Here's a third method that I discovered today, when reading this question. It uses the Skin modifier, which is something I've never used before. This seems to be the simplest method, and very straightforward, and that's the reason I'm making this late addition.

Tab into Edit mode1.
Scale it along one axis, SX or SY.
Tab back to Object mode.

Add a Subdivision Surface modifier. As pointed out by PGmath in a comment to this answer, the Catmull-Clark algorithm doesn't produce a perfect circle, and depending on your need for accuracy in the shape of the skin, you may want to consider using one of the first two methods instead.

The radius of the skin can be scaled. Make sure the Skin modifier is still in the modifier stack, i.e. do not apply it.
Tab into Edit mode.
Make sure everything is selected (A once or twice).
Press CtrlA and then drag the mouse or use the arrow keys on your keyboard until you're happy with the thickness. Enter or left mouse button to confirm.

1Scaling in Edit mode is essentially the same as scaling in Object mode and then applying the scale.

• BTW, you can use alt+shift+S (I think that's the right combo, if not somebody can correct me) to change the skin radius. And also, technically Catmul-Clark subdivision doesn't converge to a circle (off the top of my head I think it converges to a cubic polynomial), so the cross section won't be a perfect circle. Feb 28, 2015 at 22:16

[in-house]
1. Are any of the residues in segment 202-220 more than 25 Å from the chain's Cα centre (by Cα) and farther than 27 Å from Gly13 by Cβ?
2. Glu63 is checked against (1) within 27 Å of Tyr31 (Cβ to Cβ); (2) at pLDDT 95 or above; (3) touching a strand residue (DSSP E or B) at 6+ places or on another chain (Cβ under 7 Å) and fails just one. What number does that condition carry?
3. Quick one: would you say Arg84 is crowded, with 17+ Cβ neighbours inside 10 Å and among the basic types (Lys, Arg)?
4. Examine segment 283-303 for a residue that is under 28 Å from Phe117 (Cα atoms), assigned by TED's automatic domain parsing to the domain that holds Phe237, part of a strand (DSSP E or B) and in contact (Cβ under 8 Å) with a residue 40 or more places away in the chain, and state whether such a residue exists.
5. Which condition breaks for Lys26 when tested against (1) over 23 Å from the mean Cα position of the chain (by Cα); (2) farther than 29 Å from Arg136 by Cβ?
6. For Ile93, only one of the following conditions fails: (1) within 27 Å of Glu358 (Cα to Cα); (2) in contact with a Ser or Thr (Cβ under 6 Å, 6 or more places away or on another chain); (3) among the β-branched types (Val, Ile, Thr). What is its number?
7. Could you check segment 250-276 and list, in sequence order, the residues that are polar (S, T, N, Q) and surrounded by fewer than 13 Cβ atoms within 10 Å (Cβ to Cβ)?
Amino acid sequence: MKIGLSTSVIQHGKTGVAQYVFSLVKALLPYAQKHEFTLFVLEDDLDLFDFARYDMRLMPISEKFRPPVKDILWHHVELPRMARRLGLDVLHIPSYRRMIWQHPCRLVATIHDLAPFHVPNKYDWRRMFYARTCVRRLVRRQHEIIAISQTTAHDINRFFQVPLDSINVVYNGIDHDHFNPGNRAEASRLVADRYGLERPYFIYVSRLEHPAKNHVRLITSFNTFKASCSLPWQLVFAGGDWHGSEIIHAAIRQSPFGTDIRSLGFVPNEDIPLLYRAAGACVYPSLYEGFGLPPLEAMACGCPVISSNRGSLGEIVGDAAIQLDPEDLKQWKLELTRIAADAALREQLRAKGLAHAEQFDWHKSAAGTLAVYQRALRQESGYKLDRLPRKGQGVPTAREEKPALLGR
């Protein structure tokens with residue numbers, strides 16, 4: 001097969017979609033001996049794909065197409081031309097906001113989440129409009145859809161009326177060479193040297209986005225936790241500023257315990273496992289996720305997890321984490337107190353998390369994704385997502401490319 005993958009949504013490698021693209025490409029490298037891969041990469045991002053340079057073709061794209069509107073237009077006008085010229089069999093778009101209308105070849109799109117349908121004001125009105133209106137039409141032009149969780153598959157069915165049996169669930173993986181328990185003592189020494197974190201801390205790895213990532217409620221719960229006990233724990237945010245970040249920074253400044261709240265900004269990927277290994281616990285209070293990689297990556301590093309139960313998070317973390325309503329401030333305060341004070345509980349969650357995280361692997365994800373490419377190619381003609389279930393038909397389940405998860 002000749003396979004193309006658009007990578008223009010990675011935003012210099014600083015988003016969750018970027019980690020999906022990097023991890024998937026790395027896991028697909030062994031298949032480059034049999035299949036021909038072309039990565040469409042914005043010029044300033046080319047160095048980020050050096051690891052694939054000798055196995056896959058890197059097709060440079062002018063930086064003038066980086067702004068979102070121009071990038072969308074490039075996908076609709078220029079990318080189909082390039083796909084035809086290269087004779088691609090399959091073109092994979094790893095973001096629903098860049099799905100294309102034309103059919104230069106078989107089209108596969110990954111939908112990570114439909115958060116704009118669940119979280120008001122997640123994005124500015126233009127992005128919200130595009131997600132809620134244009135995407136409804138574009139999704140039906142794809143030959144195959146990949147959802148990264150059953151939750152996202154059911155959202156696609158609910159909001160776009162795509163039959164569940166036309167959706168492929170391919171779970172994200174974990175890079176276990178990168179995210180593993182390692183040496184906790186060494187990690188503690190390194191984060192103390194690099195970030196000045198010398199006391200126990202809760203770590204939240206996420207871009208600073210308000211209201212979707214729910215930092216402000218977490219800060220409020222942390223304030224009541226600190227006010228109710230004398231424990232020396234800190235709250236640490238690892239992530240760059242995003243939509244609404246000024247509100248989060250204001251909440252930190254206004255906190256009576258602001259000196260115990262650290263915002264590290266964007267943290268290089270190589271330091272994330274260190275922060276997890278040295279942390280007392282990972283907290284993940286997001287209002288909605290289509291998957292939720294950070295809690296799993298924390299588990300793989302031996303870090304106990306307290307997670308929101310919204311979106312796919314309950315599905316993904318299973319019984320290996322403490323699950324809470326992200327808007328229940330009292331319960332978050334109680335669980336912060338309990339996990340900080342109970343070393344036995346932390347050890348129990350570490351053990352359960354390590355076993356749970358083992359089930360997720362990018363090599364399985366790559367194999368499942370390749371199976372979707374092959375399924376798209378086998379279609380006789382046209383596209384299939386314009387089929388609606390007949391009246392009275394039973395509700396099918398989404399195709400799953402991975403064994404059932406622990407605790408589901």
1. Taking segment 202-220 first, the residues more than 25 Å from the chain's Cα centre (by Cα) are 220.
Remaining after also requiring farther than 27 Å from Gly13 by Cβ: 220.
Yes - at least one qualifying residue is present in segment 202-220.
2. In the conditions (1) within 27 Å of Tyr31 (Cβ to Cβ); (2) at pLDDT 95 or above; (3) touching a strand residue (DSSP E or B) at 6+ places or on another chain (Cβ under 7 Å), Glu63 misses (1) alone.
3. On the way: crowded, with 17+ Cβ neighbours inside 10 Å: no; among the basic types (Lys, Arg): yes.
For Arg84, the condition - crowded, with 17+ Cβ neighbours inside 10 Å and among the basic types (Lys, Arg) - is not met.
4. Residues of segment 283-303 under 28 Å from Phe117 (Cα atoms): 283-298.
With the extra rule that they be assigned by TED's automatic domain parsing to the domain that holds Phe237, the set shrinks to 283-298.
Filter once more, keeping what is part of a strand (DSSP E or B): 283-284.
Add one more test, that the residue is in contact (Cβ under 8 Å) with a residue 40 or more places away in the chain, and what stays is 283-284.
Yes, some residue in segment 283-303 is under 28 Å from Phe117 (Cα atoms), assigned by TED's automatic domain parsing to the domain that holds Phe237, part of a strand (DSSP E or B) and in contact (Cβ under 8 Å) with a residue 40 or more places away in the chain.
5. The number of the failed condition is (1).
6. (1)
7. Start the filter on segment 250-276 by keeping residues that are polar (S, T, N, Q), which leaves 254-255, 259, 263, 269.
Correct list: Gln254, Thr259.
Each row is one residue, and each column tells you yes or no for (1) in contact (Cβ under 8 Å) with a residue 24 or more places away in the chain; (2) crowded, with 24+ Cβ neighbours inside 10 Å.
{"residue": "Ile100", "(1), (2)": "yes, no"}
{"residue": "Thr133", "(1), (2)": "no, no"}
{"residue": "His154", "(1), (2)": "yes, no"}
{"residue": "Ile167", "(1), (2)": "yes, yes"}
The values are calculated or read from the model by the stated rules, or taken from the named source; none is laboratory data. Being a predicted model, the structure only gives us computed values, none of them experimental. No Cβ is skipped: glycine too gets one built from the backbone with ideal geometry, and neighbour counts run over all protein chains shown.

• @PGmath I know it doesn't make a perfect circle, and the first two methods are more accurate. I still think this third method is very usable though, and the cross section is closer to a circle than a Bézier or Nurbs scaled on one axis would be to an ellipse.
– user7952
Feb 28, 2015 at 22:36
• @PGmath I just consulted the Blender Wiki on the Skin modifier, and the radius can be adjusted with Ctrl+A in Edit mode. I'm a little busy right now, but I'll update my answer when I have a chance. Thanks for pointing it out.
– user7952
Feb 28, 2015 at 22:44

Methods 1 and 3 in the other answer are definitely good, and worthy of an upvote. However, method 2 leaves a little to be desired. The standard equations for a circular torus won't yield an elliptic torus with constant thickness. It will be more visible the more eccentric the ellipse gets.

I'm working on my first ever Blender add-on, which (if all goes well) will add tori of different configurations. Currently I have the elliptic torus in working order, and I'm happy to share it, if anyone would be interested. It's available from my GitHub repo Tori. Just click Clone or download and save it to your harddrive.

To install it, open up Blender, hit CtrlAltU to open up User Preferences.

You should now see the following.

Click the chek box next to Add Mesh: Tori, and the add-on should be working. If you want to make it survive restarts, also click the Save User Settings button.

There should now be an Elliptic Torus entry on the Add -> Mesh menu.

The options are as follows

Major Semi-Radius is half the size of the major axis of the ellipse.
Minor Semi-Radius is half the size of the major axis of the ellipse.